Dolly, a five-pound Maltese, is one well-dressed pooch. She accompanies her owner, Wendy Klein, to work daily and dresses for success. Her extensive wardrobe consists of collars adorned with Austrian crystal and 40 sweaters and coats, including a brown wool "Jackie-O" number with matching pillbox hat. "Nothing is too good for her," says Klein, a Manhattan headhunter who scours the city for unique items.
You may scoff at the notion of showering silk on four-legged creatures. But many pet owners think otherwise--as a growing number of pet boutiques can attest. Some owners are so rich they think nothing of shelling out large sums in the pursuit of rare items such as four-poster beds and canine trench coats. Others simply want to lavish on pets some of the unconditional love the animals give them.
To see what's in style for privileged pets, look no farther than shops that serve their wealthy owners (table). Barneys New York sells a line of upscale dog products that includes a $500 fur-trimmed beaver and leather coat from Chic Doggie. For dogs who must sleep in style, there's designer Henry Beguelin's $950 woven leather bed, in red or tan. Tiffany's, meanwhile, sells silver collar tags shaped like bells, bowls, bones, or paws for $65.
If costumes are your thing, check out cyberboutique Animal Fair's fireman's coat ($98), opera coat ($95), and tuxedo ($120). Or your mutt may be more comfortable in the 100% silk emperor's coat priced between $143 and $174, depending on size, at Fetch, a New York pet boutique. It goes with the emperor's bed--a black velvet cushion with gold insignia, mounted on a mahogany finished base for $470.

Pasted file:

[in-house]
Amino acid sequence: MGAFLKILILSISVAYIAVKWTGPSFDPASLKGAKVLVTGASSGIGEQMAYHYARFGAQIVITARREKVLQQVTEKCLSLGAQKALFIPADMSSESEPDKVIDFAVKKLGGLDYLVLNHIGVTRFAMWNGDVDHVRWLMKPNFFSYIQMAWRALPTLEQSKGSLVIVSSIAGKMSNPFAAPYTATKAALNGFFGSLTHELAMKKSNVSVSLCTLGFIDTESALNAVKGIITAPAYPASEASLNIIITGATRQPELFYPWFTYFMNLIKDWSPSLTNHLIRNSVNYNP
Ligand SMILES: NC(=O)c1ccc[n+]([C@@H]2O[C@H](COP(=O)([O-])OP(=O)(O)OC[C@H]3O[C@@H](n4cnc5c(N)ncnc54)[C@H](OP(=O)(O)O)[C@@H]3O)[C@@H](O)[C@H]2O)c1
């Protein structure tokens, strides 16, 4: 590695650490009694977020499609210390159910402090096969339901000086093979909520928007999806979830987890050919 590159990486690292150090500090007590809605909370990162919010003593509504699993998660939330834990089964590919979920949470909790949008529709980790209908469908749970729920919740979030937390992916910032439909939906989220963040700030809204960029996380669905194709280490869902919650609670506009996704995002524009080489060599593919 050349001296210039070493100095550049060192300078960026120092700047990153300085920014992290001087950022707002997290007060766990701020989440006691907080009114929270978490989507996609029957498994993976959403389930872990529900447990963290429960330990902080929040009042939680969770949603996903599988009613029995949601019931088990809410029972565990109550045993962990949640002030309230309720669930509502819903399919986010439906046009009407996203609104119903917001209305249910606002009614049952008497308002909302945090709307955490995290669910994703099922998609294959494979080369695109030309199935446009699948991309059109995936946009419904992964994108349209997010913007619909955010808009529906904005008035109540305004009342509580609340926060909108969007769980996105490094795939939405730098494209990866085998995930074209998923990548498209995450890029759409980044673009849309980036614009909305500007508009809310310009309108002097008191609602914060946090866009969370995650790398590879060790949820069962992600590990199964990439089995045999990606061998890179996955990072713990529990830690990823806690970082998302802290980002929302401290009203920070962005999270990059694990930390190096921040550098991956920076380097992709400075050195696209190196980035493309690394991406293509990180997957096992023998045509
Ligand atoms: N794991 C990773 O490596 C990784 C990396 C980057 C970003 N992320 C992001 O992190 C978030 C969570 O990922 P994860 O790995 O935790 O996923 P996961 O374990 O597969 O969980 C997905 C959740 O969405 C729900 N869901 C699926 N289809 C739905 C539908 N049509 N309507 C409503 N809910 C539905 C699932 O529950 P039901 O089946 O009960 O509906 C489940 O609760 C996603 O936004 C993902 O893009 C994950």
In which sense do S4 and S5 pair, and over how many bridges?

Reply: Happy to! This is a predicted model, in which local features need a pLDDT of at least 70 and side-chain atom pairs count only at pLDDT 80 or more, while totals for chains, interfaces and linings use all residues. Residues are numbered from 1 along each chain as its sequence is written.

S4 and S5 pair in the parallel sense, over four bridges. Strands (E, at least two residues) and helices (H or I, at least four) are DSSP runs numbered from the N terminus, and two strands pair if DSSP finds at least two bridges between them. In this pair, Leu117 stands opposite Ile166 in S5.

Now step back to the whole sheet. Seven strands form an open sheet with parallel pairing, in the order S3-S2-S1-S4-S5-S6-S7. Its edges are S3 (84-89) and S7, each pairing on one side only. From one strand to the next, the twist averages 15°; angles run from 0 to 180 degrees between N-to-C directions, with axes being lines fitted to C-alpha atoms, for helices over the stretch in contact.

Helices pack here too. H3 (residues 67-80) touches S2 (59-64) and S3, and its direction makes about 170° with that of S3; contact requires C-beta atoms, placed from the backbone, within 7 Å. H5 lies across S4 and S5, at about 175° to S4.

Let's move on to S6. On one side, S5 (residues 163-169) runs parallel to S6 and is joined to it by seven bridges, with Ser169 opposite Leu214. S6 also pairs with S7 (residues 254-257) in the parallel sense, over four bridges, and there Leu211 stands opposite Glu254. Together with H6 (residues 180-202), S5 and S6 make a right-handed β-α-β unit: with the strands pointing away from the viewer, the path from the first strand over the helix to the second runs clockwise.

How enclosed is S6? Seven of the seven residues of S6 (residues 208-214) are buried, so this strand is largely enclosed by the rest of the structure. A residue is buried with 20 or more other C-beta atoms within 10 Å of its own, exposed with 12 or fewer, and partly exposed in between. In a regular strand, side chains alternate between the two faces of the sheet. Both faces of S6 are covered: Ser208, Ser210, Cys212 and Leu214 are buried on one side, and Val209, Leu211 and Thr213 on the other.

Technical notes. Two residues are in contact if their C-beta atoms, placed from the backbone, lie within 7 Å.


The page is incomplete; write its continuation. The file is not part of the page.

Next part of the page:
SOFT PAWS. Of course, pets that sport these togs must be well-coiffed. Parness shampoos and conditioners ($20 a bottle at Fetch) contain such ingredients as walnut extract and chamomile to soothe and calm delicate skin. Other toilette items include Henry and Henrietta colognes for $68. Some people even buy Paw balm moisturizer ($16) for themselves, says Fetch owner Alex Kealy.
You may prefer to leave the grooming to others. The New York Dog Spa & Hotel (212 243-1199) offers a "day of beauty" that includes haircuts and pedicures, priced according to breed. For high-strung dogs and those suffering from arthritis, massages--at $65 an hour--are "extremely soothing," says office manager Susan Levine. Hollywood Hounds (www.hollywoodhounds.com; 323 650-5551) in Los Angeles offers similar services, plus "bark mitzvahs," weddings, and birthday parties that start at $250.
Meanwhile, pets with picky palates may feast on the offerings from Three Dog Bakery, which has 30 stores nationwide. Its low-fat treats for the holidays include cookies in the shape of Christmas trees, Santas, and dreidels. And Fetch offers canned salmon treats, Kitty Calamari, and Popcorn Shrimp for $6 and up. To serve these delicacies in style, Fetch also sells bone china bowls starting at $70.
To immortalize your pet, track down one of a growing number of painters and photographers who specialize in canine and feline portraits. Jim Dratfield in New York--whose clients include actress Jennifer Aniston and Henry Kissinger--will take artistic shots. Three matted prints and a dozen note cards are included in the $895 tab.
Whatever motivates you to spring for such items, you can be sure your pet won't return them. Imagine how nice it would be if all of your holiday gifts were so well received.